A dangerous Nuclear Arms Race is brewing in Asia involving India, Pakistan, China, Iran, Israel and North Korea. The Nuclear Arms Race which was initially prevalent in the West has now precariously shifted to Asia. The Asian region urgently needs new diplomatic initiatives to reduce nuclear dangers and prevent the arms race in the region before a catastrophe strikes. A EurAsian Times Analysis.
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Experts that EurAsian Times talked to say that one cannot deny the glaring gap between the ambitious disarmament goals set out in the relevant goal treaties, namely the 1968 UN adopted ‘Treaty on the Non-Proliferation of Nuclear Weapons (NPT)’ and the ‘Treaty on the Prohibition of Nuclear Weapons (TPNW)’. Moreover, one cannot overlook the growing regional arms race, which even Saudi Arabia plans to join.
The three Asian neighbours – India, China and Pakistan are all nuclear powered and have made South Asia a very dangerous place. The pattern is quite obvious. If one country masters nuclear technology and announces it, its neighbours and enemies will immediately develop weapons, both for national defence as well as national pride.
More countries are now developing state-of-the-art weapons, and sharing technology and resources. More money is being spent on it, nuclear proliferation is very much evident now than ever before. According to various media reports and analysis, Pakistan has been accused of assisting Iran in nuclear development, while the US has suspected Iran and North Korea of colluding on weapons development.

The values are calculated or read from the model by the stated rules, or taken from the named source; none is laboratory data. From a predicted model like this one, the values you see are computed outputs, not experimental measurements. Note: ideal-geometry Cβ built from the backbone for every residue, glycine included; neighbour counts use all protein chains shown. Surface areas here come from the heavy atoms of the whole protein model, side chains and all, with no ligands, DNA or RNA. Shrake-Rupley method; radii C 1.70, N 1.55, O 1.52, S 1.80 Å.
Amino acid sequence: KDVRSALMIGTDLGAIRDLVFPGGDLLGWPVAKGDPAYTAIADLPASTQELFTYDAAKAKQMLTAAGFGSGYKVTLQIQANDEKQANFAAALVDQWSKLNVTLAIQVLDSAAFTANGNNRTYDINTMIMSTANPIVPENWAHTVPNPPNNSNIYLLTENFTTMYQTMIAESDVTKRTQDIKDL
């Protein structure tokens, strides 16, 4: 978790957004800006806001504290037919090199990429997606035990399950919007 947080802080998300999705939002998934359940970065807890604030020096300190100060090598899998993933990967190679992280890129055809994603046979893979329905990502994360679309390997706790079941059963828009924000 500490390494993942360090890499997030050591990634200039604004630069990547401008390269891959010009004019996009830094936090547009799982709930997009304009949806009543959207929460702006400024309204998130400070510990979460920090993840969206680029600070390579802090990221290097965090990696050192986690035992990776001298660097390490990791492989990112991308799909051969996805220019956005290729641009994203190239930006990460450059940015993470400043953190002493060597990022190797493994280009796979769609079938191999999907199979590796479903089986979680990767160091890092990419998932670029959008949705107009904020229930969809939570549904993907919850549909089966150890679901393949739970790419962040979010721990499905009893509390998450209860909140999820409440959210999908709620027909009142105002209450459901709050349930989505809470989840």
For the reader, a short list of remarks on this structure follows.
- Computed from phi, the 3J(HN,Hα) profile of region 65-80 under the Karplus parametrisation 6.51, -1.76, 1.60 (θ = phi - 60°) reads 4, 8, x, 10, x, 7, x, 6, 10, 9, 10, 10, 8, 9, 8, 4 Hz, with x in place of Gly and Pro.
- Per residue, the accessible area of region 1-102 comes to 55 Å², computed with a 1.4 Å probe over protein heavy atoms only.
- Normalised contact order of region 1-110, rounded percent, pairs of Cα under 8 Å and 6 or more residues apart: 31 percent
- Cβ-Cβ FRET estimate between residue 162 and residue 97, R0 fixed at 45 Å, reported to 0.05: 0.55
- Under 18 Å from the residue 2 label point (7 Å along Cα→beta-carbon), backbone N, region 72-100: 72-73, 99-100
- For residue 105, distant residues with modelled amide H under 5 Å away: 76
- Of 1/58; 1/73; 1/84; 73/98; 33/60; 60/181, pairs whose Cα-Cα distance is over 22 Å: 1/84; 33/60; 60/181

What Could Happen
Experts are of the opinion that even a small-scale nuclear incident would prove to be disastrous. According to Brookings “it would produce casualties of unprecedented magnitude given the region’s weak medical and emergency infrastructure and the close proximity of urban areas.
Even a single nuclear detonation over a major South Asian city would produce considerable devastation.
A ‘small’ nuclear war would be an unprecedented catastrophe for the region, a ‘major’ one would have global, physical, environmental and biological repercussions.” This is a wake-up call for the world.
Lack of Arms Control Leadership
There is a lack of arms control leadership distinctly in Asia. Experts say that strategic communities in Asia have been preoccupied with nuclear and missile developments in states that haven’t been constrained by the INF treaty; China, India, Iran, North Korea, Pakistan and Saudi Arabia have been free to test and deploy dual-capable missiles that are banned under the treaty.
The Intermediate-Range Nuclear Forces (INF) Treaty was a Cold War-era US and Soviet arms control agreement. It still remains in force but talks have been to dissolve it but US allies have warned that a dissolution would undermine European security.
China has been openly sceptical about arms control and this will definitely pose a big challenge. According to an expert, “Asian leaders can pursue a common strategy of diplomatic persuasion to encourage the extension of the New Strategic Arms Reduction Treaty (New START), designed to verifiably reduce the US and Russian strategic nuclear arsenals.”
Therefore, the New START extension is an essential building block for Asian arms control and strategic stability in general. But getting Asia’s nuclear-armed states on board will definitely be a tedious task.
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